Anyone who lives or has visited the Intermountain West over the past decade or so has noticed the devastating impact of a mountain pine beetle epidemic on the pine forests from Arizona and New Mexico all the way up to British Columbia and Alberta. As a result of warmer winter weather because of climate change, […]
Climate change may damage economies more than previously thought.
The Economist has an important story about climate change impacts. There are two big takeaways, one about growth in developing countries and one about economic repercussions in developed countries like the U.S. It has long been known that climate change will impose costs on developing countries. But there is increasing reason to think that it […]
The new Nordhaus book is good as far as it goes. But its analysis is muddled in crucial respects.
I finally had a chance to read Nordhaus’s new book, The Climate Casino, on a long flight. There are some goods lessons in the book. The book makes the case for serious mitigation, even rhough Nordhaus takes a fairly optimistic view about adaptation. Nordhaus also tells us that “it would be relatively inexpensive to slow […]
How fast will climate change happen? Maybe faster than we expect, according to the National Academy of Sciences.
We’re in the early stages of climate change — just how much depending in large part on whether we control our emissions. But how quickly will this happen? Is it a bulldozer we can dodge or a bullet train that’s too fast to avoid? That makes a lot of difference in terms of our ability […]
CA Senate Hearing at UCLA Focuses on Ways to Spend Auction Revenue
Today, UCLA’s Emmett Center and IOES hosted a hearing of the Senate Select Committee on Climate Change and AB 32 Implementation with Senators Pavley, Correa, de Leon, deSaulnier, Lieu, and Assemblymember Bloom attending. The hearing featured testimony on climate science, on AB 32 implementation, and on opportunities to invest revenue from the state’s cap-and-trade auctions in ways that […]
I’ve spent a lot of time and energy talking about the need to adapt to climate change, but I’ve also become increasingly uneasy about “adaptation” as a way to think about the situation. One of the things I don’t like about the term “adaptation” is that it suggests that we actually can, at some expense, […]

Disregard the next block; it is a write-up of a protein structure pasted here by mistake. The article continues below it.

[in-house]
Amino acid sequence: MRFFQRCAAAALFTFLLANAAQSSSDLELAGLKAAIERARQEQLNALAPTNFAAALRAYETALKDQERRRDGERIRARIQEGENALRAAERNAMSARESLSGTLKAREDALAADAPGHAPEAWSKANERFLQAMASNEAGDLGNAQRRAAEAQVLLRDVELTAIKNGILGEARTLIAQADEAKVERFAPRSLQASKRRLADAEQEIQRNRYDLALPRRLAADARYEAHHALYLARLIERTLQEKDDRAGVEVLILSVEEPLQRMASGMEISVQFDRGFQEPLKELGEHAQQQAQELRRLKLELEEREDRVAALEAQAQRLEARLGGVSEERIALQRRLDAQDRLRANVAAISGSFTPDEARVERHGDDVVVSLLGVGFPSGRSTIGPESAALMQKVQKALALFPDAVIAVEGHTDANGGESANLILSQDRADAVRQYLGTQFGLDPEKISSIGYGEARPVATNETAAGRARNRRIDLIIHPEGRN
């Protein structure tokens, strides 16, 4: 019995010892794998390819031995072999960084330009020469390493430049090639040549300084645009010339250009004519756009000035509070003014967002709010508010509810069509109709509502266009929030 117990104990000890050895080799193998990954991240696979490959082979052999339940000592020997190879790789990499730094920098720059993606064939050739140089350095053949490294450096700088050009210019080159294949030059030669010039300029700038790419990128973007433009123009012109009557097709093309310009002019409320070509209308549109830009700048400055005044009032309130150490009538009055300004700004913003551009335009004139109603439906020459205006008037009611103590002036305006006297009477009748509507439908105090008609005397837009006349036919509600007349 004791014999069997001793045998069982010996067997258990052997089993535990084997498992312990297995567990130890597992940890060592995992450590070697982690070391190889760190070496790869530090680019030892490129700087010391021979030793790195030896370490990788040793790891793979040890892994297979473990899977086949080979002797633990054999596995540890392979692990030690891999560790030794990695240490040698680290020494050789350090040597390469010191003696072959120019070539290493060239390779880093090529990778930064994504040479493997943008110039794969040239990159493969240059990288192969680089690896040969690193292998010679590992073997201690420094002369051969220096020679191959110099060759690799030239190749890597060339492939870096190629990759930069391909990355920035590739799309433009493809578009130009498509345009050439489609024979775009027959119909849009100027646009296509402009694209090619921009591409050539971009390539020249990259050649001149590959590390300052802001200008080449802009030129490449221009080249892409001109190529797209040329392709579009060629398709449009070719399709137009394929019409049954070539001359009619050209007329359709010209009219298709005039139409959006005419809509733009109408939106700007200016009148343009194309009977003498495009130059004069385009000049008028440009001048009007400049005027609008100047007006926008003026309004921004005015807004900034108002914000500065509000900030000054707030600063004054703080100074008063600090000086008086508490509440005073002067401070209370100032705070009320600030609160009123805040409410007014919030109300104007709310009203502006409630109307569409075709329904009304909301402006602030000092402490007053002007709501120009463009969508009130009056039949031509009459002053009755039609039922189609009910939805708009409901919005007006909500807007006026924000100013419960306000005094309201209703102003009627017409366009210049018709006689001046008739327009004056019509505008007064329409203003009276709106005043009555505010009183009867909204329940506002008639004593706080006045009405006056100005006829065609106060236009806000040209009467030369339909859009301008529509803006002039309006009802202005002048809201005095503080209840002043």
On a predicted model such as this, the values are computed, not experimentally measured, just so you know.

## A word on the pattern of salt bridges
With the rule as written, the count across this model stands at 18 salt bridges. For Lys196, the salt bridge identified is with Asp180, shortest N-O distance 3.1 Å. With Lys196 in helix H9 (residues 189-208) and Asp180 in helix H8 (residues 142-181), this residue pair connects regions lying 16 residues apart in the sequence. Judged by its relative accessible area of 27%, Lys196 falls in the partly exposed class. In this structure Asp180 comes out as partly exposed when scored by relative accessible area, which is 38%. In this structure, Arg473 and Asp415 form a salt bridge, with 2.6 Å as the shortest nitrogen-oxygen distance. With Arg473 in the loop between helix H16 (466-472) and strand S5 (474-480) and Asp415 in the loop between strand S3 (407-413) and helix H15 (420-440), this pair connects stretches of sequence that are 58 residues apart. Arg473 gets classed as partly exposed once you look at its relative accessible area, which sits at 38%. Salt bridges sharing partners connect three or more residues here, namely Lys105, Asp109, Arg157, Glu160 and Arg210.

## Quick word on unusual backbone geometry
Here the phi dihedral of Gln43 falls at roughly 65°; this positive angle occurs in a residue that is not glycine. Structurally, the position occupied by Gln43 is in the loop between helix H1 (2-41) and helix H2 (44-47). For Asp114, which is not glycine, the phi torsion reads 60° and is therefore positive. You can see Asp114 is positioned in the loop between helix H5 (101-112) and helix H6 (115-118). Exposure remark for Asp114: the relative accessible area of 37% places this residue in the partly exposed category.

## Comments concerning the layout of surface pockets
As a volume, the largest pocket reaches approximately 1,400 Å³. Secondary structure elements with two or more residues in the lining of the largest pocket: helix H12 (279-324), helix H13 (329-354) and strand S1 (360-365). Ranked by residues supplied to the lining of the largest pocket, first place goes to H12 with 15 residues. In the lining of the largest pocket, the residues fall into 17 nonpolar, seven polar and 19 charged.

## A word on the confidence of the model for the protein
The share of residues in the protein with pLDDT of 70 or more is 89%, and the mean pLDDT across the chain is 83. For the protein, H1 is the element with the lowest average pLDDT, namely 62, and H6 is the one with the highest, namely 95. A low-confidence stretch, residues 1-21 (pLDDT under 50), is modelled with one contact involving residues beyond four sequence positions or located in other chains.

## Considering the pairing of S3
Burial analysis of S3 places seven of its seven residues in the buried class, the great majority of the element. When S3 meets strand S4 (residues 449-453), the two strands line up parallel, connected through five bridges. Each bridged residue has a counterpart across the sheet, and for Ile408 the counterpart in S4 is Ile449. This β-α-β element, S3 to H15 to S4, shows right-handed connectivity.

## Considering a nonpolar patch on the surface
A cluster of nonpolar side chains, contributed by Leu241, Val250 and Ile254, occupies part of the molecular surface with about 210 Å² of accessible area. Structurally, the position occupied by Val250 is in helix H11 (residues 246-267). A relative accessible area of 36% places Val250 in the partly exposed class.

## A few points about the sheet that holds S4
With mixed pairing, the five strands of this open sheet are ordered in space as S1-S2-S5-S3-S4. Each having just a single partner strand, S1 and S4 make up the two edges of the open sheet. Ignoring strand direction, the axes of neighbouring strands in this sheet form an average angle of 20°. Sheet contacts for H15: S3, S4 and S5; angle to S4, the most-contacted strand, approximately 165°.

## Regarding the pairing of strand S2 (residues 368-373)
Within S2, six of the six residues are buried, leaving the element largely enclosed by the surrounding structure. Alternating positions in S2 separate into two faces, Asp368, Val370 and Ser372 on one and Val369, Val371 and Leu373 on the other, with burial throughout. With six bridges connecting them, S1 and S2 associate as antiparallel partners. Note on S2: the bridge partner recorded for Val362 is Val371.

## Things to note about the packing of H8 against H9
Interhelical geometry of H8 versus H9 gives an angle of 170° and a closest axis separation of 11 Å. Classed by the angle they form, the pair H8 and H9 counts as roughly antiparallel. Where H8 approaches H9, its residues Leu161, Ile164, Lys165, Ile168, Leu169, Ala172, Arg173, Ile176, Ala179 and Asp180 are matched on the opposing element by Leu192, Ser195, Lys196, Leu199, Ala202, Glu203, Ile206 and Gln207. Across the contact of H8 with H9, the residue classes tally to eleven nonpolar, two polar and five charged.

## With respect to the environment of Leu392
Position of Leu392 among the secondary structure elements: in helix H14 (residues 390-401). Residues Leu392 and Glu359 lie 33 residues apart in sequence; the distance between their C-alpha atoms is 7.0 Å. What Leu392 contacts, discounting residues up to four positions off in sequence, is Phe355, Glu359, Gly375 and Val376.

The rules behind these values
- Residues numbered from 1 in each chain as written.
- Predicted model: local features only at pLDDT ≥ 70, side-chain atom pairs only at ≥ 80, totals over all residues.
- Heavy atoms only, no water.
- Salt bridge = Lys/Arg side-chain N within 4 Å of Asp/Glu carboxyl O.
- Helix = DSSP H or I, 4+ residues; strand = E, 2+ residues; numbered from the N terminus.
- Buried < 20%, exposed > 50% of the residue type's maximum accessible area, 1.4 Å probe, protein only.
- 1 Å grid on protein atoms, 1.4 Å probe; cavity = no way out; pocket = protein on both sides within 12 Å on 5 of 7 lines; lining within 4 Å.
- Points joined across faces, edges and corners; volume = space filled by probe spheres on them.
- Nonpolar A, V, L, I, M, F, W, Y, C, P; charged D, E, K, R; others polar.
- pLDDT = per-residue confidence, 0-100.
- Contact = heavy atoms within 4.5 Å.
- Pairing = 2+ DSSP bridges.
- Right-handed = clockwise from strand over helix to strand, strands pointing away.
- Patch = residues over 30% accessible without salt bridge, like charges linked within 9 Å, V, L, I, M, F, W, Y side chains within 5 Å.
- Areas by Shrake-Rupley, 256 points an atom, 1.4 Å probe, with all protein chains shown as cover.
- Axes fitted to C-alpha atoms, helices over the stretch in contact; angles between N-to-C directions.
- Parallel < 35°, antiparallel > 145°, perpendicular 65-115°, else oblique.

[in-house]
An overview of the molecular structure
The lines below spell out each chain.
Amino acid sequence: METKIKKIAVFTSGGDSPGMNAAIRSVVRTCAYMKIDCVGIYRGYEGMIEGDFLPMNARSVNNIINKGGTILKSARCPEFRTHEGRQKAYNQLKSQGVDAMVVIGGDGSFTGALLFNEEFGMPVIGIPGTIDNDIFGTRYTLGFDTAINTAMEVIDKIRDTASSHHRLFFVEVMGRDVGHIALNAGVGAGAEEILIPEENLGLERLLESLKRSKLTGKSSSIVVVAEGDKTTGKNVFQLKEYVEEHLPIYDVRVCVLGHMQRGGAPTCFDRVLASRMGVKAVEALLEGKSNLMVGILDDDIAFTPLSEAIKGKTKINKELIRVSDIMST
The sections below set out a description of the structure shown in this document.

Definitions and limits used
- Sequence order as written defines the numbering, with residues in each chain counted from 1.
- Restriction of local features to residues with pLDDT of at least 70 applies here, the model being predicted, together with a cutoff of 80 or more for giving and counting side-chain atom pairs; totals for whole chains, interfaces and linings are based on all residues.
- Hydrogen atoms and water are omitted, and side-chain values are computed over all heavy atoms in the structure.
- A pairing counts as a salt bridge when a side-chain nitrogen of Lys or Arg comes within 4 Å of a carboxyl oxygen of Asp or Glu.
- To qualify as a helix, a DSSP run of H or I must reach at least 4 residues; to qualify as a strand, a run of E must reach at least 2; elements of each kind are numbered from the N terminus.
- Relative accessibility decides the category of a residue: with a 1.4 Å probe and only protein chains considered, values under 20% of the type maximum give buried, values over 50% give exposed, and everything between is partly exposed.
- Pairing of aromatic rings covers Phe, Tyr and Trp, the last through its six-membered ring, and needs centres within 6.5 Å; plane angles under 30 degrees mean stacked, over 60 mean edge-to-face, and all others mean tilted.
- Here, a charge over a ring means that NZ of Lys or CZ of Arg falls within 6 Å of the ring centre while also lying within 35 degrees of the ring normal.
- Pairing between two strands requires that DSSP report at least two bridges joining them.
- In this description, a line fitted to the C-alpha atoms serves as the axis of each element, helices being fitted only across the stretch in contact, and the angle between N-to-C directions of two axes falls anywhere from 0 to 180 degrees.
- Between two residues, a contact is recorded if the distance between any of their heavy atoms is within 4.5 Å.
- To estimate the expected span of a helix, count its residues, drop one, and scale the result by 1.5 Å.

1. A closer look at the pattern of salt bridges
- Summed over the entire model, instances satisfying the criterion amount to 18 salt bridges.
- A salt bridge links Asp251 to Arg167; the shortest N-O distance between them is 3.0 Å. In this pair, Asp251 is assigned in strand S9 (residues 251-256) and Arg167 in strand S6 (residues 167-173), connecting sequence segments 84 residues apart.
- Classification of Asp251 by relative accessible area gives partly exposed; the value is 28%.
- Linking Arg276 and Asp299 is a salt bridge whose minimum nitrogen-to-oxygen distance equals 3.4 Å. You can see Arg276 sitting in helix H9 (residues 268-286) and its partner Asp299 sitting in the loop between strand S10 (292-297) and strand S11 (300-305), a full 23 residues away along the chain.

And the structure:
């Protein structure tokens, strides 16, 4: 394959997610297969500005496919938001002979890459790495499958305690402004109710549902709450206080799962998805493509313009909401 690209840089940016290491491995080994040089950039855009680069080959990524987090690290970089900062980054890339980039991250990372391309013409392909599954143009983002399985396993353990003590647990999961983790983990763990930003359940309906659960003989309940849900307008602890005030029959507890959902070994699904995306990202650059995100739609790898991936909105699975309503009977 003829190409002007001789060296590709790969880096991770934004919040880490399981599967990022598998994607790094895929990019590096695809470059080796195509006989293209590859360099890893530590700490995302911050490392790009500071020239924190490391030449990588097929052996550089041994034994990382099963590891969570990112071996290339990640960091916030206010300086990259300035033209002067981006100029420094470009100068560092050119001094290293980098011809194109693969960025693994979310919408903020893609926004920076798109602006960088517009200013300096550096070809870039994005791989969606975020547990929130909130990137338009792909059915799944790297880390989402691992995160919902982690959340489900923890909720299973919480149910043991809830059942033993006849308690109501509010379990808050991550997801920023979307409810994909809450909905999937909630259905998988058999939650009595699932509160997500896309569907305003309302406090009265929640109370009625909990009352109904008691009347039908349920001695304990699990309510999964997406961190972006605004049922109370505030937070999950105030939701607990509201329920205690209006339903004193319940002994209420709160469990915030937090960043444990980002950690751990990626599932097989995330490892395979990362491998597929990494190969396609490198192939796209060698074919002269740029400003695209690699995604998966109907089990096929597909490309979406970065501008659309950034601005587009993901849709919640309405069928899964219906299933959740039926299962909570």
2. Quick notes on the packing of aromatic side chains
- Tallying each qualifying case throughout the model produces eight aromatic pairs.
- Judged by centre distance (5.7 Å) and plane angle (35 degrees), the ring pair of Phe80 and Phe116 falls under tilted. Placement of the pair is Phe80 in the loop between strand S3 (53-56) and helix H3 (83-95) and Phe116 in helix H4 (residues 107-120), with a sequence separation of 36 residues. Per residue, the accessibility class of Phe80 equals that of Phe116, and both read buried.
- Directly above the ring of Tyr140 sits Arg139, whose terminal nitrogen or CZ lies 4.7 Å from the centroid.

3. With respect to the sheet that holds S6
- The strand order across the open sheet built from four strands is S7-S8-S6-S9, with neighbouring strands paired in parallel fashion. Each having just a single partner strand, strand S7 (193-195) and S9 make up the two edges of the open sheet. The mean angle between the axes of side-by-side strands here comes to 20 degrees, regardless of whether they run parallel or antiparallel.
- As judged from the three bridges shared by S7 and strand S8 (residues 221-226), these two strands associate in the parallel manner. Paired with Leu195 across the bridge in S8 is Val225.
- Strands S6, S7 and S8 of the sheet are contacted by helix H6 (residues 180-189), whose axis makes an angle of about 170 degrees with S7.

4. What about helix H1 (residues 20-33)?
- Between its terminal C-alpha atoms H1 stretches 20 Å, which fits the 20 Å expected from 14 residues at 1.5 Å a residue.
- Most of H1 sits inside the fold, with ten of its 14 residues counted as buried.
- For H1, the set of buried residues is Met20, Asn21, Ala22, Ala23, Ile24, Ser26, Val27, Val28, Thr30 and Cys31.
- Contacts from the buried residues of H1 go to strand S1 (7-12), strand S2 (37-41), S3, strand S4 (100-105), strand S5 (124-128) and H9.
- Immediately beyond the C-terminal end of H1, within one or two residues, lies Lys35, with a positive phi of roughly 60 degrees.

Private flood control is no substitute for government action.
Last week, the NY Times had a story about Verizon’s new flood barrier for its Wall Street building, which is a designated landmark. On one level, it’s a pretty cool project — a portable barrier designed to keep out the water during a hundred-year storm (plus 2-feet for storm surge plus an extra foot to […]
Presidential directive holds potential to move federal adaptation efforts forward, but implementation will be the key.
Cross-posted at The Berkeley Blog. Today, President Obama issued an Executive Order intended “to prepare the Nation for the impacts of climate change by undertaking actions to enhance climate preparedness and resilience.” In some respects, this order simply continues ongoing efforts. Under this administration, the executive branch has already been doing a great deal of […]
It’s a question at the forefront of many of our minds, as we witness the aftermath of Sandy’s fierce destruction. In the days following the superstorm, we’ve seen surreal images — an illuminated carousel appearing to float in high water, drowning taxi cabs in perfect rows — things we believed would not happen for decades, as […]
Today I attended the California Governor’s Conference on Extreme Climate Risks and California’s Future, held at the California Academy of Sciences in San Francisco. It was a lively event with speakers including Governor Brown, Dr. Rajendra Pachauri, Chair of the UN IPCC, Sir Richard Branson of Virgin Group, former Governor Arnold Schwarzenegger, and a host […]